The State also struck veniremember Eaves for lack of eye contact. Appellant contends that

the peremptory challenge was not justified on that ground because that veniremember was openly

hostile to the prosecution and veniremember Echols was open, honest, and pleasant to the State

during voir dire. However, the record does not reveal whether or not such was the case. This is

certainly one reason why we accord deference to the trial judge, who was present to view the voir

dire proceedings, hear the examination of the prospective jurors, and assess the credibility of the

State and its explanation. See Cantu, 842 S.W.2d at 689. We find that Appellant failed to rebut the

State’s race-neutral explanations and these explanations were clearly supported in the record so as

not make the court’s ruling clearly erroneous. Issue No. One is overruled.

        In Issue No. Two, Appellant contends that the court erred in denying his oral motion for

continuance. During trial, appellant made an oral motion for continuance in order to allow for the

appearance of a cell phone company business records custodian. However, a motion for continuance

during trial that is not in writing and is not sworn preserves nothing for review. Dewberry v. State,

4 S.W.3d 735, 755 (Tex.Crim.App. 1999); Felan v. State, 44 S.W.3d 249, 255 (Tex.App.–Fort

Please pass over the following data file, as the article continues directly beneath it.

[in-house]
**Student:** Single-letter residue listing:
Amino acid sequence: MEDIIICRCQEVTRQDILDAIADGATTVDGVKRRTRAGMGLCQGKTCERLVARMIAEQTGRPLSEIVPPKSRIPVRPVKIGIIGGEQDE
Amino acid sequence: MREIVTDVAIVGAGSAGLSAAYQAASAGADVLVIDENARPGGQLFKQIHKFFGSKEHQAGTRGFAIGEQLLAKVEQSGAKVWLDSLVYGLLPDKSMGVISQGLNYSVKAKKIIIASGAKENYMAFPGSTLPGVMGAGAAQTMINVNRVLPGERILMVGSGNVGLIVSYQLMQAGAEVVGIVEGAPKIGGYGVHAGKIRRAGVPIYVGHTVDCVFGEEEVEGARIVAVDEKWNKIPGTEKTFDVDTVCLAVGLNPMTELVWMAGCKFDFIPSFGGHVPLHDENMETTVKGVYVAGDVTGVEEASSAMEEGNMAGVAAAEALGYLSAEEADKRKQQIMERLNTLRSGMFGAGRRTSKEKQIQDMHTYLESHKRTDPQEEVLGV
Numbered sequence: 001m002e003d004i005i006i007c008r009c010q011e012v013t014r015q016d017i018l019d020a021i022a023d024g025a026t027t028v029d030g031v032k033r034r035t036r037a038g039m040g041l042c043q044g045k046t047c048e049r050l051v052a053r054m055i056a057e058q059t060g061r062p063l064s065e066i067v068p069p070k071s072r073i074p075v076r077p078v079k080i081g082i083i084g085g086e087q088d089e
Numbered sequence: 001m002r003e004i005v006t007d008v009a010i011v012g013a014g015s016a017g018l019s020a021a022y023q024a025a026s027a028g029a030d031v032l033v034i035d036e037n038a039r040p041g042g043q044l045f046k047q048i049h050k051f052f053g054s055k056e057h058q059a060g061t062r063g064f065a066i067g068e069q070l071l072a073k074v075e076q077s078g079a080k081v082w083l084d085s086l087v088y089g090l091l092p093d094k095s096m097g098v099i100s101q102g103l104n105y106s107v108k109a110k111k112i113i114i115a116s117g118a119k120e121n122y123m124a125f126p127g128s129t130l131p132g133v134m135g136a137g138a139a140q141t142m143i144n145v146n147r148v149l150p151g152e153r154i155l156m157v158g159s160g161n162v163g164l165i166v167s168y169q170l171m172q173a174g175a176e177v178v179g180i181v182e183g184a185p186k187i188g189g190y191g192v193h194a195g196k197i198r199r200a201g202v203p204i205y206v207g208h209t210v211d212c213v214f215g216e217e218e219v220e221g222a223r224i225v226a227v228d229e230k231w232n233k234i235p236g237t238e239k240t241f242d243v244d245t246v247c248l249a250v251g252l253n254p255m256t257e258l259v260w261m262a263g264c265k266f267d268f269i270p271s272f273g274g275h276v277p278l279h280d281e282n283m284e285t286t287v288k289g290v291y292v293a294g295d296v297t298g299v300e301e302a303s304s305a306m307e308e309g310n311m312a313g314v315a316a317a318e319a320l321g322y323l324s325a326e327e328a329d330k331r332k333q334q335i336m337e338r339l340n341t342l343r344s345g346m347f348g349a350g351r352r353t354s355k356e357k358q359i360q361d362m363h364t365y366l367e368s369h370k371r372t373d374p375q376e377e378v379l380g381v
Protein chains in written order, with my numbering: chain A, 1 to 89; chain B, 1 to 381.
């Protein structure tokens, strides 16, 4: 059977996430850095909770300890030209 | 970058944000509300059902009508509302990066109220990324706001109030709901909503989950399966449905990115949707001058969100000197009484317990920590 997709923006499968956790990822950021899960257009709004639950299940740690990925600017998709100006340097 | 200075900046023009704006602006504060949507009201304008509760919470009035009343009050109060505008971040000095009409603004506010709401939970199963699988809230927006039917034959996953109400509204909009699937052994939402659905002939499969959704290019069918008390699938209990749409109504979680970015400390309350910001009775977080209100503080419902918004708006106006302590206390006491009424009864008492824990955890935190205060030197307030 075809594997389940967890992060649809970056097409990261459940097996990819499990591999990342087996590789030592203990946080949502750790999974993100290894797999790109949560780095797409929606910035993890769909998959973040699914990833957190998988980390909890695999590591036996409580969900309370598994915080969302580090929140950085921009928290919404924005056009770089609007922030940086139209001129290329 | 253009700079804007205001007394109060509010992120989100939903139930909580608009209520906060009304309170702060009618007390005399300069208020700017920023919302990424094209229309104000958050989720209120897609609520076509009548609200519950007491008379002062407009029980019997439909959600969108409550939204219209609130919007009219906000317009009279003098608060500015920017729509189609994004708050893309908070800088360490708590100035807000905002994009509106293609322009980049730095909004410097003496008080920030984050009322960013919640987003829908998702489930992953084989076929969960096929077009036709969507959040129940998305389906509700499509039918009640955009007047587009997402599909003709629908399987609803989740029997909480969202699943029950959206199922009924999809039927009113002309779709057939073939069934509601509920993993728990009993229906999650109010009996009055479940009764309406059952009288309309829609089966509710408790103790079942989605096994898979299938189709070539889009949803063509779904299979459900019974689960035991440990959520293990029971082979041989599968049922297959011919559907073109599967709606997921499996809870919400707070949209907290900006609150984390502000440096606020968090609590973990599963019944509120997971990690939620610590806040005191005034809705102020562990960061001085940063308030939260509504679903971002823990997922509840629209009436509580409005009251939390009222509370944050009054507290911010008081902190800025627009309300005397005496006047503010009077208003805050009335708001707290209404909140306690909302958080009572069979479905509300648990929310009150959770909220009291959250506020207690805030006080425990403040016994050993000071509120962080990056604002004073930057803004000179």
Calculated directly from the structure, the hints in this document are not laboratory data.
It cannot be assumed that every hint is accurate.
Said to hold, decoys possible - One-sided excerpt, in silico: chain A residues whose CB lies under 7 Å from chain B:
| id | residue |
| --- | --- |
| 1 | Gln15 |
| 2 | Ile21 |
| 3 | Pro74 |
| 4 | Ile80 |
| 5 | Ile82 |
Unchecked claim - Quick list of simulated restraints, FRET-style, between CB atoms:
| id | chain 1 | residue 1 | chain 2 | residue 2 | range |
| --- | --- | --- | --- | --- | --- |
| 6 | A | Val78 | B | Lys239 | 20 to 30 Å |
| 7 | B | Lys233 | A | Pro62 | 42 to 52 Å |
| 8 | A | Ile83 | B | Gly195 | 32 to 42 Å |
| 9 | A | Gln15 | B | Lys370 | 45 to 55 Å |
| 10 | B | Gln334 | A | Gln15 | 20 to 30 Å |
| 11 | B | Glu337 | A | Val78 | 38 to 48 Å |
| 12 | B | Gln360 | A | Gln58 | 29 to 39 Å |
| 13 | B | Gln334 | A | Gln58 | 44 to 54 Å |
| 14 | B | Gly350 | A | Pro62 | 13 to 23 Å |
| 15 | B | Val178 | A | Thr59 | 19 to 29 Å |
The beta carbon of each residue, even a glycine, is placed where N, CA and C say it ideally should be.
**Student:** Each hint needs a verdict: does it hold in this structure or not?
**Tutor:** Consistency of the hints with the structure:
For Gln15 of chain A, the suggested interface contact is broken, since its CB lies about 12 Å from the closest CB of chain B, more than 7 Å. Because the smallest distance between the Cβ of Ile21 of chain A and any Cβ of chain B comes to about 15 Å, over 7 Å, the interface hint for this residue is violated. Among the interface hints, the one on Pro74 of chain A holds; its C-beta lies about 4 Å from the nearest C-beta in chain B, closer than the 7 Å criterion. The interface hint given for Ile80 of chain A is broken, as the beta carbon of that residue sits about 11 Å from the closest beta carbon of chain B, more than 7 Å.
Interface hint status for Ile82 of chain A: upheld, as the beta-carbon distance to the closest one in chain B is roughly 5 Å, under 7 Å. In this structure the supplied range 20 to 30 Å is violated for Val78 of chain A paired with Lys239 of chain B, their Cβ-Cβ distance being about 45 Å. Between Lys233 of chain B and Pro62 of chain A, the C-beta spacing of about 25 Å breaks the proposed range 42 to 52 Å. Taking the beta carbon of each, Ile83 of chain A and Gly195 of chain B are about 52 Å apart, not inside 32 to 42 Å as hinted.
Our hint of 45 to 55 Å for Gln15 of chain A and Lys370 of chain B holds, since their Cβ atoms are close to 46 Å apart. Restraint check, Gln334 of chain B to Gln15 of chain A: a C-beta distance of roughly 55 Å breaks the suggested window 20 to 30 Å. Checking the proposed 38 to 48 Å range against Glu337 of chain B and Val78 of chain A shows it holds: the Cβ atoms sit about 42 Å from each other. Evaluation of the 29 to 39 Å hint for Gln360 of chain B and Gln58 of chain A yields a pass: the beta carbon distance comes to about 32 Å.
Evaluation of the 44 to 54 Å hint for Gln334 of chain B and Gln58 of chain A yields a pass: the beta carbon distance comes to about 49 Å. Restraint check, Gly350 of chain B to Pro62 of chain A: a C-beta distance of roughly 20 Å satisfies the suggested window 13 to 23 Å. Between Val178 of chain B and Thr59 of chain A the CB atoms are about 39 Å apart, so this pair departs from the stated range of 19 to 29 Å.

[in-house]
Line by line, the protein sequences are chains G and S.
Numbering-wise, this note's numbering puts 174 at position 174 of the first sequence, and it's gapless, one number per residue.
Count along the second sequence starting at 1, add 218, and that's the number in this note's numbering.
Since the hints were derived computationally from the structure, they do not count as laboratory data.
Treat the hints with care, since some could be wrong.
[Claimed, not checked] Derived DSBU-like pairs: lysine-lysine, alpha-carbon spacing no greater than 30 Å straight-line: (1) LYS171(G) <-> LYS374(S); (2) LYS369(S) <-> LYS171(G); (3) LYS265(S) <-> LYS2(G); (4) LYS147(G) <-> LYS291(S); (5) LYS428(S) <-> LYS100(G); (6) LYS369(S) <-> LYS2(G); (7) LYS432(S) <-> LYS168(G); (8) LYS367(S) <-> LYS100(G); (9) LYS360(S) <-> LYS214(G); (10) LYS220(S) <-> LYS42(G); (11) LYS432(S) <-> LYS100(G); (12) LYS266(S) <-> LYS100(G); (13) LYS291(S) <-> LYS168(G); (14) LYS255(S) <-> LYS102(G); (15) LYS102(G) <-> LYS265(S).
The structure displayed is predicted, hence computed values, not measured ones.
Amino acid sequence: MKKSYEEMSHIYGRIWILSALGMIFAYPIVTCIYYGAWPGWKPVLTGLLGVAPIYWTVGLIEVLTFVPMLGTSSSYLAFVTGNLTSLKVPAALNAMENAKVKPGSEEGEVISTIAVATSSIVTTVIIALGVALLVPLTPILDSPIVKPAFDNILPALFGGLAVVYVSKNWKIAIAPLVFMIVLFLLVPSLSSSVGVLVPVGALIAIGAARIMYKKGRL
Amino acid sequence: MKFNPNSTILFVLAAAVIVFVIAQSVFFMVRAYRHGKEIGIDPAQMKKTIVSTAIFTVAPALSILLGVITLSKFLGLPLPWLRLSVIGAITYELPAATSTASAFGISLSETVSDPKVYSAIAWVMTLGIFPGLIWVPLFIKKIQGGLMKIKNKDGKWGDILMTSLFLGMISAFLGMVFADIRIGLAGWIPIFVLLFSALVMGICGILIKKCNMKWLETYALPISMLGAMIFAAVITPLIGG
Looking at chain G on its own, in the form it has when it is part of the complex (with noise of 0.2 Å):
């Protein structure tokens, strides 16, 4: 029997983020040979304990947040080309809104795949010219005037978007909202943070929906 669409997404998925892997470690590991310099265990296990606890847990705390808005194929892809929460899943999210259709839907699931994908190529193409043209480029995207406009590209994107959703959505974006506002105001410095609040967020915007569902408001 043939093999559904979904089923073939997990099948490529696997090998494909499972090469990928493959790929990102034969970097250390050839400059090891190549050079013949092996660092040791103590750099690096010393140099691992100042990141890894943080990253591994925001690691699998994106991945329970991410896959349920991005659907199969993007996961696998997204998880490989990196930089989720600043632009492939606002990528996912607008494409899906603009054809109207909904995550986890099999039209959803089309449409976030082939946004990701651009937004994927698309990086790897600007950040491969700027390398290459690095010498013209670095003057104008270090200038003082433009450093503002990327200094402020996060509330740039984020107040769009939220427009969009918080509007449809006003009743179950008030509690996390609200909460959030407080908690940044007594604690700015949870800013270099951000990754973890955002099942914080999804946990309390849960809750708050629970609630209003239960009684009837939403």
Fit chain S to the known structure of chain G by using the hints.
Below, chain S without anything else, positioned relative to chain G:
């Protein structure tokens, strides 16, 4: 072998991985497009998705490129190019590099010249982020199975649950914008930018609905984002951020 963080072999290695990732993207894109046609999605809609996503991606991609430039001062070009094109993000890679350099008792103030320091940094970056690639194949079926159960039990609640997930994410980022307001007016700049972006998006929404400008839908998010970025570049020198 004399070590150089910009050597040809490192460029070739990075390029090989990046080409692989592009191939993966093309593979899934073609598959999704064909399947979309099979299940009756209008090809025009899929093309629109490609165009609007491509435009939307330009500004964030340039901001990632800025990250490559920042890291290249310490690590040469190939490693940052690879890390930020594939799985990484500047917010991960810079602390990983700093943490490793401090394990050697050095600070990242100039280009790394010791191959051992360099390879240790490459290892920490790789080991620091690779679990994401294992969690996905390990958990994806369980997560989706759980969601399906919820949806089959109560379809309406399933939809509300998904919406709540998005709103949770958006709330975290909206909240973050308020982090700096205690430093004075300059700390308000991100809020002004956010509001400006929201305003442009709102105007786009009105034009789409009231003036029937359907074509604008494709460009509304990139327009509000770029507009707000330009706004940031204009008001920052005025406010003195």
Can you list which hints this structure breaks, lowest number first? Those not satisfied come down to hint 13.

Worth 2001, pet. ref’d). Accordingly, Issue No. Two is overruled.

        In Issue No. Three, Appellant maintains that the court erred by refusing to allow Donna

Sibley to testify about relevant information about which she had personal knowledge, and in denying

her use of a writing to refresh her memory. The State counters by arguing that the court did not

abuse its discretion in excluding the contested testimony and in prohibiting the witness from

referring to a writing prior to testifying. Alternatively, if error occurred, the error should be

disregarded as it did not affect a substantial right.
       At trial, Appellant tried to refresh his mother’s memory with the phone records about the

exact time that she purportedly received a cell phone call from him during the altercation. On voir

dire she related that she received a call from him about 6 p.m., but she could not remember the exact